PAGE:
Friday, January 7, 2011

Oriental White Eye

Photo taken at Baroda
Oriental White-eye,
(Zosterops palpebrosus)

  • Description: This bird is small (about 8–9 cm long) with yellowish olive upper parts, a white eye ring, yellow throat and vent. The belly is whitish grey but may have yellow in some subspecies. The sexes look similar. The taxonomy of the group is still unclear with some island populations being distinctive while some subspecies are not well supported. The population from Flores, Indonesia for instance is found closer to the Pale White-eye. The family itself is now questioned since they are nested along with the Stachyris babblers. About eleven subspecies are well recognized. These include the nominate form (type locality Bengal, India) which is found from Oman and Arabia, Afghanistan, northern India and extends into China and northern Myanmar.

  • Distribution: The species is found in a wide range of habitats from scrub to moist forest. They sometimes occur on mangrove areas such as in the Karachi area. And on islands they may lead a more insectivorous life. They are somewhat rare only in the drier desert regions of western India. A feral population was detected in San Diego, California in the 1980s and subsequently eradicated.

  • Behavior and Diet: These white-eyes are sociable, forming flocks which only separate on the approach of the breeding season. They are highly arboreal and only rarely descend to the ground. The breeding season is February to September but April is the peak breeding season and the compact cup nest is a placed like a hammock on the fork of a branch. The nest is made of cobwebs, lichens and plant fiber. The nest is built in about 4 days and the two pale blue eggs are laid within a couple of days of each other. The eggs hatch in about 10 days. Both sexes take care of brooding the chicks which fledged in about 10 days. Though mainly insectivorous, the Oriental White-eye will also eat nectar and fruits of various kinds.

Tuesday, January 4, 2011

White Eye Buzzard

White-eyed Buzzard

(Butastur teesa)
Photo taken at Tadoba - Andhari Tiger Reserve

  • Description: This slim and small sized hawk is easily identified by its white iris to the eye and the white throat and dark mesial stripe. A white nuchal spot is sometimes visible. When perched the wing tip nearly reaches the tip of the tail. The ceres are distinctly yellow and the head is dark with the underside of the body darkly barred. In flight it shows rounded but narrow wings with black tips to the feathers and the wing-lining appears dark. The upper wing in flight shows a pale bar over the brown. The tail is barred with a darker subterminal band. Young birds have the iris brownish and the forehead is whitish and a broad supercilium may be present.

  • Distribution: This species is widely distributed in South Asia, throughout India in the plains and extending up to 1000 m in the Himalayas. It is a resident in Iran, Pakistan, Nepal, Bangladesh and Myanmar. It is absent from Sri Lanka and is probably absent from the Andamans. It is a summer visitor in northeastern Afghanistan. It is mainly found in the plains but may go up to 1200m in the foothills of the Himalayas. The usual habitat is in dry, open forest or cultivation. They are numerous in some areas but declining. A survey in the late 1950s estimated about 5000 birds in the vicinity of Delhi in an area of about 50,000 km2.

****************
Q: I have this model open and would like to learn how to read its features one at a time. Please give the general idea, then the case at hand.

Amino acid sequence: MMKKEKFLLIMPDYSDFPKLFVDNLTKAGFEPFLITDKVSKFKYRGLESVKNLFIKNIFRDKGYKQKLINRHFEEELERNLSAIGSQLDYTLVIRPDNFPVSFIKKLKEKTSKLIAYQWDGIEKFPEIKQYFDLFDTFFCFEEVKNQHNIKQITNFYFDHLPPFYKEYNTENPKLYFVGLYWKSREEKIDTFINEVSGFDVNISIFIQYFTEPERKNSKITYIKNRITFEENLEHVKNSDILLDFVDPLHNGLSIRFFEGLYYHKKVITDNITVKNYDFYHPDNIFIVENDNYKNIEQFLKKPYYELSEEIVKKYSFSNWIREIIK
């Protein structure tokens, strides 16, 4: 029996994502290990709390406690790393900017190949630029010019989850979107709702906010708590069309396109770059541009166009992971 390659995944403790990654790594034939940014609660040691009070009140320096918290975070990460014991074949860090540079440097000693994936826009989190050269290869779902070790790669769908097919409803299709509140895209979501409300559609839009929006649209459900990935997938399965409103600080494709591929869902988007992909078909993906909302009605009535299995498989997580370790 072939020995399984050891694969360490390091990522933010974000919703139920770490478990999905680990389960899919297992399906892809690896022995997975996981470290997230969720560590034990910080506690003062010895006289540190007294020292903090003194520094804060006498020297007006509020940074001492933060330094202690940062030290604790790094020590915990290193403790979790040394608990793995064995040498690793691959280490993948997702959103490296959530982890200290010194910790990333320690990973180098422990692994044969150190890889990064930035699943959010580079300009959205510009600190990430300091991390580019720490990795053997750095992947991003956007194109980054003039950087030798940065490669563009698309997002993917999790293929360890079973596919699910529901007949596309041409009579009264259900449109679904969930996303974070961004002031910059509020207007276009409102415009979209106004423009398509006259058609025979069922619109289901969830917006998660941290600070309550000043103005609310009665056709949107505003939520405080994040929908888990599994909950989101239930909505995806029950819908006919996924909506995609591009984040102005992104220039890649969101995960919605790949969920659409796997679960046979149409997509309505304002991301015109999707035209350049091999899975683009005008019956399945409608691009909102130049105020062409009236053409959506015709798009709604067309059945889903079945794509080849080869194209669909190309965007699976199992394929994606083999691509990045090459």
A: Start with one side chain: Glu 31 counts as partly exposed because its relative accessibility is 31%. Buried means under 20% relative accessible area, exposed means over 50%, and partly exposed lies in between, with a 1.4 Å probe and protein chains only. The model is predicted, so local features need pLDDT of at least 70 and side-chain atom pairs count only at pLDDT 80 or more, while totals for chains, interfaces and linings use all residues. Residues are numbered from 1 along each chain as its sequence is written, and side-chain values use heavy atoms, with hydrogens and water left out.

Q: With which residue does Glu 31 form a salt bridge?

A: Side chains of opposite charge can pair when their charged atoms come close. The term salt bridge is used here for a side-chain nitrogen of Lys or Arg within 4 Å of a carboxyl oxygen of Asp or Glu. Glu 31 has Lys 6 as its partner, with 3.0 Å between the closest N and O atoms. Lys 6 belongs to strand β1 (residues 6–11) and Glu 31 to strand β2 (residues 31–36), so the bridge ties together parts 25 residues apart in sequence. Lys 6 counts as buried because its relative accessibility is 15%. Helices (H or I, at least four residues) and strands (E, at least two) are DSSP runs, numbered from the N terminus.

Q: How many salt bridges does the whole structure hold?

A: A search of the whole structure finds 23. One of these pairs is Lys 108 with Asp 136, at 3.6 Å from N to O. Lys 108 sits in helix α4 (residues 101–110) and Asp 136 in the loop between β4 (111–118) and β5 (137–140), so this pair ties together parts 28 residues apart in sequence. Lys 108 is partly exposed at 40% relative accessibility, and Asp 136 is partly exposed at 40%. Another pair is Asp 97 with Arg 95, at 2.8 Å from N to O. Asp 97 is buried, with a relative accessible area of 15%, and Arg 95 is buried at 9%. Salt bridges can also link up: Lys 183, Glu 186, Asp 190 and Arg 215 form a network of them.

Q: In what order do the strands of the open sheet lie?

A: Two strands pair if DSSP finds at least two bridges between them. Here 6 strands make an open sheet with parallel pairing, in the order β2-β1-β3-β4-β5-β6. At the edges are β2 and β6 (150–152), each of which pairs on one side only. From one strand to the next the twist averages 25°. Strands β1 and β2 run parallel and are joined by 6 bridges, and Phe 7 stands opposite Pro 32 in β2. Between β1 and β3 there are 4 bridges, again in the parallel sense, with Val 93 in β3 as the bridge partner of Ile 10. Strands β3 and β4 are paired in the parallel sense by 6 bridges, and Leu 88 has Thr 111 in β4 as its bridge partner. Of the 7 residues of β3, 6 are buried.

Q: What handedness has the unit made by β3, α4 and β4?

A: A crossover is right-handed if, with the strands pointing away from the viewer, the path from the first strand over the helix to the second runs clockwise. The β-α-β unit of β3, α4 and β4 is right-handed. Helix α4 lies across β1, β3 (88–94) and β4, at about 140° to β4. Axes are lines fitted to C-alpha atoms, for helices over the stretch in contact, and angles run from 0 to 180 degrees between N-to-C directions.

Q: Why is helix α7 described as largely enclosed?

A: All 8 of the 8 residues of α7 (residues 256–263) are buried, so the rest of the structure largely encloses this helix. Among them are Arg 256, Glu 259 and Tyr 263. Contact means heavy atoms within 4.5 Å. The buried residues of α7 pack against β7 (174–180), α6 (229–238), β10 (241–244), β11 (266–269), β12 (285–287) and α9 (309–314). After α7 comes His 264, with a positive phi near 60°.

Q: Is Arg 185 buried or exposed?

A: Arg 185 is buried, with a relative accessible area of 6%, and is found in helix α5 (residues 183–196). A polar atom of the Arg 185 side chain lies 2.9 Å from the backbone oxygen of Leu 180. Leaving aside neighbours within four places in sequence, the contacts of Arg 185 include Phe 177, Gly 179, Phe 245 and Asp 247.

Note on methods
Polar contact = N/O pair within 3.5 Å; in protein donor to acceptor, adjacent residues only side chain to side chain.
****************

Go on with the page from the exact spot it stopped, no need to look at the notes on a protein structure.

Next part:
• Diet and Breeding: The feed mainly on locusts, grasshoppers, crickets and other large insects as well as mice, lizards and frogs. They may also take crabs from near wetlands and have even been reported to take larger prey like the Black - naped Hare (Lepus nigricollis).

    The breeding season is February to May. The nest is loose platform of twigs not unlike that of a crow. The usual clutch is three eggs. Both sexes share nest-building and feeding young; female alone incubates.

Monday, January 3, 2011

Knob billed Duck (Comb Duck)

Photograph taken at Thol wild life sanctuary- Ahmedabad

Knob-billed Duck
(Sarkidiornis melanotos)

  • Description: This common species is unmistakable. Adults have a white head freckled with dark spots, and a pure white neck and underparts. The upperparts are glossy blue-black upperparts, with bluish and greenish iridescence especially prominent on the secondaries (lower arm feathers). The male is larger than the female, and has a large black knob on the bill. Young birds are dull buff below and on the face and neck, with dull brown upper parts, top of the head and eye stripe. The adults are unmistakable. Immature Knob-billed Ducks look like a large grayish female of the Cotton Pygmy Goose (Nettapus coromandelicus) and may be difficult to tell apart if no other birds are around to compare size and hue. If seen at a distance, they can also be mistaken for a Fulvous Whistling - Duck. However, Knob-billed Ducks in immature plumage are rarely seen without adults nearby and thus they are usually easily identified too. The Knob-billed Duck is silent except for a low croak when flushed.

  • Distribution: It breeds in still freshwater swamps and lakes in the tropics. It is largely resident, apart from dispersion in the wet season. Knob-billed Ducks often perch in trees. They are typically seen in flocks, small in the wet season, up to 100 in the dry season. Sometimes they separate according to sex. The Knob-billed Duck is declining in numbers locally, but due to its wide range it is not considered globally threatened by the IUCN.

  • Diet: Konb-Billed Ducks feeds on vegetation by grazing or dabbling and to a lesser extent on small fish, invertebrates, and seeds. It can become a problem to rice farmers.